Shadow Planes & Pocket Worlds: A Dark Roads and Golden Hells Supplement (PFRPG) PDF

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Infinity Just Got Bigger!

This 25-page supplement for Dark Roads & Golden Hells provides one exotic plane of horror, plus dozens of wondrous items, planar hazards, and 6 clever afflications, and a section on Gamemastering Infinity. It includes:

  • Mora, the Children's Table, a plane of truly disturbing horror
  • 17 magic items from dead man's eyes to the Egg of Worlds, liquid miracle, and soul lamp
  • 15 new planar hazards including non-Euclidean angles, waters of Acheron, tesseracting terrain and liminal slime, among many others
  • 7 drugs and poisons from amrit to dream spittle, and from Lethean Ale to angel's tears
  • Three new monstrous, including Arachne and Cicerone the Upfallen
  • A short-short story of the Plane of Rusty Gears, a mechanical plane with a twist
Pick up your copy of Shadow Planes & Pocket Worlds! today, and expand your infinite horizons!

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****½ (based on 2 ratings)

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An RPG Resource Review

****( )

Designed as a supplement to Dark Worlds and Golden Hells, the planar sourcebook for the Midgard campaign setting, the Introduction notes that most of the material herein just didn't fit into it or, in one case, was thought maybe a bit too dark for the main book. So if you fancy sending your party to explore the wonders and wierdnesses of the planes and want even more to put before them, jump right in.

It opens with that problematic item (apparently one individual disliked it so much that they dropped out of the project altogether!), which is a new 'other location', a plane of sheer horror which it is likely the party will end up in by accident as you cannot really imagine anyone wanting to go there. Called Mora, it is evil-aligned and takes the form of a rocky island in a dark sea. It is filled with female spirits, porportedly neglectful mothers, and riven with fear. Brooding lonliness and sheer panic await those who venture here, a madness that traps wanderers and is hard to escape. Here too, stolen children are auctioned off by bogeymen. It's a vivid reminder that there's a lot of nasty stuff out there... whether you want it in your game is up to you, but it should only be used with care and full knowledge of your players. Someone with childhood trauma in their past might find this too challenging for something that is, after all, supposed to be fun.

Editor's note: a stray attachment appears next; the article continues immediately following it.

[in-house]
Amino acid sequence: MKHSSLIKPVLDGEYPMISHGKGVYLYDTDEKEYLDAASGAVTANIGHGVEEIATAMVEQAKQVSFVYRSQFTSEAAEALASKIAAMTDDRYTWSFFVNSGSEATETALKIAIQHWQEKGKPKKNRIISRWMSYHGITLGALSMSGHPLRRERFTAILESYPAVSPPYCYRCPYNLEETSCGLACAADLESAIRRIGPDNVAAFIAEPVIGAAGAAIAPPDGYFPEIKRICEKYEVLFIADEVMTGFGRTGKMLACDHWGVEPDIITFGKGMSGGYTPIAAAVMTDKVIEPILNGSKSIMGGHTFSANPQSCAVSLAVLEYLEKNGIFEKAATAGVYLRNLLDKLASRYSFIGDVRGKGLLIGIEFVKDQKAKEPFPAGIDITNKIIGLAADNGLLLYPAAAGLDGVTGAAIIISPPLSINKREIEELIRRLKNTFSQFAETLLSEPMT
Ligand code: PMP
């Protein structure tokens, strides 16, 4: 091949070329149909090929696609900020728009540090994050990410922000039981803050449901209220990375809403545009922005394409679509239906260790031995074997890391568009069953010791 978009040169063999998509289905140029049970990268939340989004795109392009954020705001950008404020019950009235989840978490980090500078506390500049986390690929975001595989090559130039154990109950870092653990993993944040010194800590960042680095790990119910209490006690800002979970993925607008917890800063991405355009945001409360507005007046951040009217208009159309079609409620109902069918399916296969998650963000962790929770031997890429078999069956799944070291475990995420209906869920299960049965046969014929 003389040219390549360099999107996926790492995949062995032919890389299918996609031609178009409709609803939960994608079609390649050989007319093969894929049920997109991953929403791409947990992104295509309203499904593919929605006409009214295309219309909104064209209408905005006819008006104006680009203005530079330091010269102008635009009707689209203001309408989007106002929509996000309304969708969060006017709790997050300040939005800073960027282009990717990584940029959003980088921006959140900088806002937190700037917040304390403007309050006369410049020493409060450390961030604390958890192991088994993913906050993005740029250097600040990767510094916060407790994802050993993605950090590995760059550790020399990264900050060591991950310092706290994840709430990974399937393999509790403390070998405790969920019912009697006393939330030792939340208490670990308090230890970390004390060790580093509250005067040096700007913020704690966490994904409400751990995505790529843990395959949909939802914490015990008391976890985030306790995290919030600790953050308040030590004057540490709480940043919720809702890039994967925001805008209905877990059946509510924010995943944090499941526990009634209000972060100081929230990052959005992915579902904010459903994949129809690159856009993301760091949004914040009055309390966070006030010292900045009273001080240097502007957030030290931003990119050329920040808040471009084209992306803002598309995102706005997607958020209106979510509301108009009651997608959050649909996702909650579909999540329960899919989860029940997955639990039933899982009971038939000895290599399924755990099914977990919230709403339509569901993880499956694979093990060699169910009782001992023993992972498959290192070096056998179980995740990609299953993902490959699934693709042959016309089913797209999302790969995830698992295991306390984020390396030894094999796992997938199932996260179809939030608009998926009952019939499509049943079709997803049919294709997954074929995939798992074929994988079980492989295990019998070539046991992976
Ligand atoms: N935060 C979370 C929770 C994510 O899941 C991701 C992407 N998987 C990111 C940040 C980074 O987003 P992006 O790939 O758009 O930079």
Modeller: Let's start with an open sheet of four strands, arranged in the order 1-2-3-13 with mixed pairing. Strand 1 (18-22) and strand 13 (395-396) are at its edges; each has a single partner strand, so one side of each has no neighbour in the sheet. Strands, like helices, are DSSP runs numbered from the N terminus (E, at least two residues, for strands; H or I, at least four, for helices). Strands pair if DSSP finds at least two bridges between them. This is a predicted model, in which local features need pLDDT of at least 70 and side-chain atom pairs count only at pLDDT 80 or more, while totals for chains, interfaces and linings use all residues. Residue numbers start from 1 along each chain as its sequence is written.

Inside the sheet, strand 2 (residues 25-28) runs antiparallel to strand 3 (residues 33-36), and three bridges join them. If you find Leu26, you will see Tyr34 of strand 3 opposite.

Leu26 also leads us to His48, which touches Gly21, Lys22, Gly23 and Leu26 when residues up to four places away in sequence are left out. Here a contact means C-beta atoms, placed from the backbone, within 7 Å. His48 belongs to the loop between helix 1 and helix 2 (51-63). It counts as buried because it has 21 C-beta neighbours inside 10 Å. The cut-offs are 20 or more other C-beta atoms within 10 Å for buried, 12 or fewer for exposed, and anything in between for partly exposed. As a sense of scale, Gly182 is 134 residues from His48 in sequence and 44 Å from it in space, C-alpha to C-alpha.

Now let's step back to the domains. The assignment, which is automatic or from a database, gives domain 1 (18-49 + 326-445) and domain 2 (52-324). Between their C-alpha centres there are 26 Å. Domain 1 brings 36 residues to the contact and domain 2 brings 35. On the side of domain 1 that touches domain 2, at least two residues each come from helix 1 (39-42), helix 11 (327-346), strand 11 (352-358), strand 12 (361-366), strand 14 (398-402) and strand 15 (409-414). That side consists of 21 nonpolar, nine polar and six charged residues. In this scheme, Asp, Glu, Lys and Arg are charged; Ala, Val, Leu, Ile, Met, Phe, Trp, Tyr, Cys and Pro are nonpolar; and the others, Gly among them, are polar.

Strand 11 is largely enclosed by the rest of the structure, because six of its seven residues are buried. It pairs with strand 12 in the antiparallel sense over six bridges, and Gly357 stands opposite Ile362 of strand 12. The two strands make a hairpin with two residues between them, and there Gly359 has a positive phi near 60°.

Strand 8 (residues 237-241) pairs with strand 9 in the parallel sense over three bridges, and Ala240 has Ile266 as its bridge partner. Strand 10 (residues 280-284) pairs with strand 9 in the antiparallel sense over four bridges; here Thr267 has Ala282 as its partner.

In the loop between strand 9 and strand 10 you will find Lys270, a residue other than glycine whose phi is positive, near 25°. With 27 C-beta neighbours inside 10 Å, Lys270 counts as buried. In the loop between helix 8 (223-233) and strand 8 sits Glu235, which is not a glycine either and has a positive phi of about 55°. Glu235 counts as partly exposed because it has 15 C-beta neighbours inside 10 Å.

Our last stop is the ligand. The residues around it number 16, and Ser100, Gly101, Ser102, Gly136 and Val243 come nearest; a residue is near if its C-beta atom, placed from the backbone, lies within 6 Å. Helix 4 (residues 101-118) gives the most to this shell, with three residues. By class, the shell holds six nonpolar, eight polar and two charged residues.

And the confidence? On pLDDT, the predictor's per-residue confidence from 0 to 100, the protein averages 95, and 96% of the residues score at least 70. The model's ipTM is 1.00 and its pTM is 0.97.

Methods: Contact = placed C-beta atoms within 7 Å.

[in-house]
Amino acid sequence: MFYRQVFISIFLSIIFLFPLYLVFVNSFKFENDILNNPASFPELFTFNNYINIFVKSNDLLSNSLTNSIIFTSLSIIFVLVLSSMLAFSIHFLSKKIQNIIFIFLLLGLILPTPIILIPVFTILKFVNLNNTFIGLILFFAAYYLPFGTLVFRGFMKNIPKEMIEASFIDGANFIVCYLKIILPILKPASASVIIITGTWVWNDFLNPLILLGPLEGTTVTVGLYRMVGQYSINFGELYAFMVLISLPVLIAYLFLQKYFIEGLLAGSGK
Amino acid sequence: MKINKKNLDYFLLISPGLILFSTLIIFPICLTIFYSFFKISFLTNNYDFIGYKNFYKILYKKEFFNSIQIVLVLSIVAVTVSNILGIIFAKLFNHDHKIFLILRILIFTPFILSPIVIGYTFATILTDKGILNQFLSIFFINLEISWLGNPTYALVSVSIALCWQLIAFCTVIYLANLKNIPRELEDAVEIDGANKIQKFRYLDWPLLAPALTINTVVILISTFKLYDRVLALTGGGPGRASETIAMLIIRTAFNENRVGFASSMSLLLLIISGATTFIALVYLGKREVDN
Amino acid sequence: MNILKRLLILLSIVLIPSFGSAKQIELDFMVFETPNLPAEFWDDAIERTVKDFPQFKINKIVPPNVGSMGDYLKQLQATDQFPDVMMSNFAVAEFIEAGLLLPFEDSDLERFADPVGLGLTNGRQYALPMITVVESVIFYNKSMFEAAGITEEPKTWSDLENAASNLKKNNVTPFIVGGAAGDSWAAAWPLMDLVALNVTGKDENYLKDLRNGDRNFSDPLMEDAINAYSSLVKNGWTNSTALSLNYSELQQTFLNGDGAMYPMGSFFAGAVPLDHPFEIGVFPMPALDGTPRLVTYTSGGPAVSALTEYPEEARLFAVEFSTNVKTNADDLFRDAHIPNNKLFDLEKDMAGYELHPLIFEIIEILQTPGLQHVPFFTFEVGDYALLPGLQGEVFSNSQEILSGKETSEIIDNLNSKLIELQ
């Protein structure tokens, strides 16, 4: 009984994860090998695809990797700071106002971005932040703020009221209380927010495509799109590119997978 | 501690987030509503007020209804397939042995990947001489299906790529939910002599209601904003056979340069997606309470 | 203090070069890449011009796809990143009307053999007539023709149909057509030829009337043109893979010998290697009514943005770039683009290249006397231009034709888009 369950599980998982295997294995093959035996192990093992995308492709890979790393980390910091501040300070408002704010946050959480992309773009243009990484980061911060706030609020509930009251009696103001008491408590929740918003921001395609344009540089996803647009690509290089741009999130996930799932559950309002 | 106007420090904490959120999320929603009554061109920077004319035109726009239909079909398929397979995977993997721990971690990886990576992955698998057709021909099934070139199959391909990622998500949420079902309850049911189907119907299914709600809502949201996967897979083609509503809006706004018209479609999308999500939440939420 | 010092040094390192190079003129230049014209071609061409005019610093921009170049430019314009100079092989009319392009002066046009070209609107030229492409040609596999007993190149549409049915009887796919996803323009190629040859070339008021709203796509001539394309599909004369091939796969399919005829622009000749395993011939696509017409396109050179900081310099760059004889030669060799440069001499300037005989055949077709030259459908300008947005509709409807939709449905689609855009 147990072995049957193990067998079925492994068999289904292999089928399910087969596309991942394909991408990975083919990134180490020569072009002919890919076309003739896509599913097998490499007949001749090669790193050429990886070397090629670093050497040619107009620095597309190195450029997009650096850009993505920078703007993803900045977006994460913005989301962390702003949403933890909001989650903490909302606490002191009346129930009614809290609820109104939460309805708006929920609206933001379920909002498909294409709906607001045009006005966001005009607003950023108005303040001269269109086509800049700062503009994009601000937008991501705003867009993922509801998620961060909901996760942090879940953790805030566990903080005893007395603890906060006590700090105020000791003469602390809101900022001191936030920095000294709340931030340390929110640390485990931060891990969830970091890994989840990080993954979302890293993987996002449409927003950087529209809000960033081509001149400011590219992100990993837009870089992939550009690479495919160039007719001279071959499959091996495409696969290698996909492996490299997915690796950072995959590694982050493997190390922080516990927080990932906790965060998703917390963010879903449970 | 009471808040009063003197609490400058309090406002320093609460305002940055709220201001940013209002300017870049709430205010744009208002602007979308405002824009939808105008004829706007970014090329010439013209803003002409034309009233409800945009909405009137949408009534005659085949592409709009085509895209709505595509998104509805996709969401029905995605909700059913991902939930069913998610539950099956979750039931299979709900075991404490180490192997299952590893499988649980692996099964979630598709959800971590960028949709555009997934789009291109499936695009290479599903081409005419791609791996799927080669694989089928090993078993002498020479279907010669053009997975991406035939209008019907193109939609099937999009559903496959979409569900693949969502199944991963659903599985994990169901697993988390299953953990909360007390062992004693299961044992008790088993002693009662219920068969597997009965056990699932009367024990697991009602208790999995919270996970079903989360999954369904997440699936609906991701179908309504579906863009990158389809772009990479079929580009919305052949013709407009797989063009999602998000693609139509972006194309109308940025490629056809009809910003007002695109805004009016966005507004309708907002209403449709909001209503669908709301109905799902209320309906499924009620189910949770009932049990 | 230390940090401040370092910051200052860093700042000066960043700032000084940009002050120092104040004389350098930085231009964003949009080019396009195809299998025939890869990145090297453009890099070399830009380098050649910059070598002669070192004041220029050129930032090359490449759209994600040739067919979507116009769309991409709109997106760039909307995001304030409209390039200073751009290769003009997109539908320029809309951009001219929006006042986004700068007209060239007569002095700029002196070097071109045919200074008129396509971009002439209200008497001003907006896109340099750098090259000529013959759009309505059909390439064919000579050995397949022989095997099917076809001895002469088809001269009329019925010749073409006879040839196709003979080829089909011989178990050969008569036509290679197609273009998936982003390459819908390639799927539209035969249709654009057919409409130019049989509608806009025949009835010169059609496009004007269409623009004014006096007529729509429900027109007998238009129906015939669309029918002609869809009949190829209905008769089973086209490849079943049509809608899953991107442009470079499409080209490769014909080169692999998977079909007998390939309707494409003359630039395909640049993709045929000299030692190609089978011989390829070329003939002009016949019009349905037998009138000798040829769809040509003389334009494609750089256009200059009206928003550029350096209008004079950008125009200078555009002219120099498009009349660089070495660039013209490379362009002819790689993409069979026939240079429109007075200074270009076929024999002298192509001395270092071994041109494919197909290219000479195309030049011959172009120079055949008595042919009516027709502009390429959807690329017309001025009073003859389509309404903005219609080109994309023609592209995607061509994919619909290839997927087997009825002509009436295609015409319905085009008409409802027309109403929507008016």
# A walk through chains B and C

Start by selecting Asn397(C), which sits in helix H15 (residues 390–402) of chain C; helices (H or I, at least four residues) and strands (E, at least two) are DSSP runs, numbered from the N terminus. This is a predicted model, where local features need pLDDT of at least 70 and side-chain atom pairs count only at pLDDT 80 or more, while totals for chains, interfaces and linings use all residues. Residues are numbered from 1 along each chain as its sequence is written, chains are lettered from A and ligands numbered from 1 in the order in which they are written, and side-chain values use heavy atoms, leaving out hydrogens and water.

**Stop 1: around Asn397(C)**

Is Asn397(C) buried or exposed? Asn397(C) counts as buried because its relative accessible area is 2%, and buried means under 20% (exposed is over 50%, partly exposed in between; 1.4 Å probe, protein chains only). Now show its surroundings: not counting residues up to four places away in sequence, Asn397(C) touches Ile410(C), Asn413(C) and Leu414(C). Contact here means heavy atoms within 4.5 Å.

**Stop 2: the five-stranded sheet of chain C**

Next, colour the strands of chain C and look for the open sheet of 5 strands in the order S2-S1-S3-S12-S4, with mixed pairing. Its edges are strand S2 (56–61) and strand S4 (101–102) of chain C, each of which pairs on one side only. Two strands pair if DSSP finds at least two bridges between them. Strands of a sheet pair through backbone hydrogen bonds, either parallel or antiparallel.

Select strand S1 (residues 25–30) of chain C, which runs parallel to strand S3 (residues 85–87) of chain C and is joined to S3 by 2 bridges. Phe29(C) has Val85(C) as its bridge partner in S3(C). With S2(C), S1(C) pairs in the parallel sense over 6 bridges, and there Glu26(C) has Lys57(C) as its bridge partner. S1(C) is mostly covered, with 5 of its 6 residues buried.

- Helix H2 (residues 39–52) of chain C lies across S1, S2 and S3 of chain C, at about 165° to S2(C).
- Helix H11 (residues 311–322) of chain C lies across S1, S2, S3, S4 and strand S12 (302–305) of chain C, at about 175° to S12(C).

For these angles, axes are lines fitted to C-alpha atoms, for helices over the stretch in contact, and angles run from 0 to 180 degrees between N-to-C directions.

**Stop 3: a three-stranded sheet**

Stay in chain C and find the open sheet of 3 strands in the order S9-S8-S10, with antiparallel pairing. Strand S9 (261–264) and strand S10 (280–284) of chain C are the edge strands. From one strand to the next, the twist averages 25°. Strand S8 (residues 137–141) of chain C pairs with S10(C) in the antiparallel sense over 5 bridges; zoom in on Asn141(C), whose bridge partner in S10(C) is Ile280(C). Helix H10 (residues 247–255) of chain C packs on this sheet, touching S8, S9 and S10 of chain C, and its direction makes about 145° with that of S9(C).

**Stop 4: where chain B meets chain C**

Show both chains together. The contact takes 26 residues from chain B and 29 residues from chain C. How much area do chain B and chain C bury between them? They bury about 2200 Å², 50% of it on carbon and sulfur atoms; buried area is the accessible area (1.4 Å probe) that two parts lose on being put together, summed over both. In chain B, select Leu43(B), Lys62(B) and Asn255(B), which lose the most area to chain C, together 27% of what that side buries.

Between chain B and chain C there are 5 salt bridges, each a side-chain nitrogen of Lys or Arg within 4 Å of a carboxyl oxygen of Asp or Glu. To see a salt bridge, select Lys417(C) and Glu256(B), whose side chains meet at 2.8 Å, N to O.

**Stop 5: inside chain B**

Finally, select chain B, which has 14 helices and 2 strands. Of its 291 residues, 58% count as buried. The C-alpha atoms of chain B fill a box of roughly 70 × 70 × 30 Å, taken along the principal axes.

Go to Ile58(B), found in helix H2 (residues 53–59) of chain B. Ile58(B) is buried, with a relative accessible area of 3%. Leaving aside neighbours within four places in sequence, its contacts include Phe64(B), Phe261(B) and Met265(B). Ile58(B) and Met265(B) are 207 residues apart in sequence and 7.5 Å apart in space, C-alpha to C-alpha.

There's a brief piece of fiction associated with the Rusty Gears locale described in Dark Worlds and Golden Hells, then it's on to a collection of planar traps, hazards and afflictions that you can place as appropriate when your party is wandering the planes. Perhaps you want to confuse with some non-Euclidean angles, strange shapes your eye slithers off as your brain fails to understand what's going on; or maybe pass around some dead stone, rock from which the very essence of being a stone has leached away. Its very touch is said to make a dwarf cry. There are strange diseases and poisons here, and if you don't find the planes wierd enough, mind-bending drugs.

Then there are magical and wondrous items - some cursed, of course. One catches my eye (because I'm going to be marking some exam papers after my lunch break): a bottled memory. I wonder if any of the students have remembered what they needed to know? They can be useful, entertaining or informative... and then there's faerie food. Many will know it's not a good idea to eat it, but here are the relevant game mechanics to deal with those who do.

Finally there's a Bestiary (which includes a template for creating an Imaginary Friend) and some NPCs.

If you already have Dark Worlds and Golden Hells this could prove a useful adjunct but if you don't it makes far less sense. I don't think I want to actually visit Mora, but it could spawn a few good legends and tales to scare any would-be planar travellers: something that lurks in the shadows rather than occupies centre-stage. The items and traps and other perils are particularly good, they are the real reason to add this book to your library.


Even on its own a stellar supplement at an unbeatable price

*****

This web-enhancement to "Dark Roads and Golden Hells" is 25 pages long, 1 page front cover, 1 page editorial, 1 page ToC/introduction, 1 page SRD, leaving 21 pages of content, so let's check this out!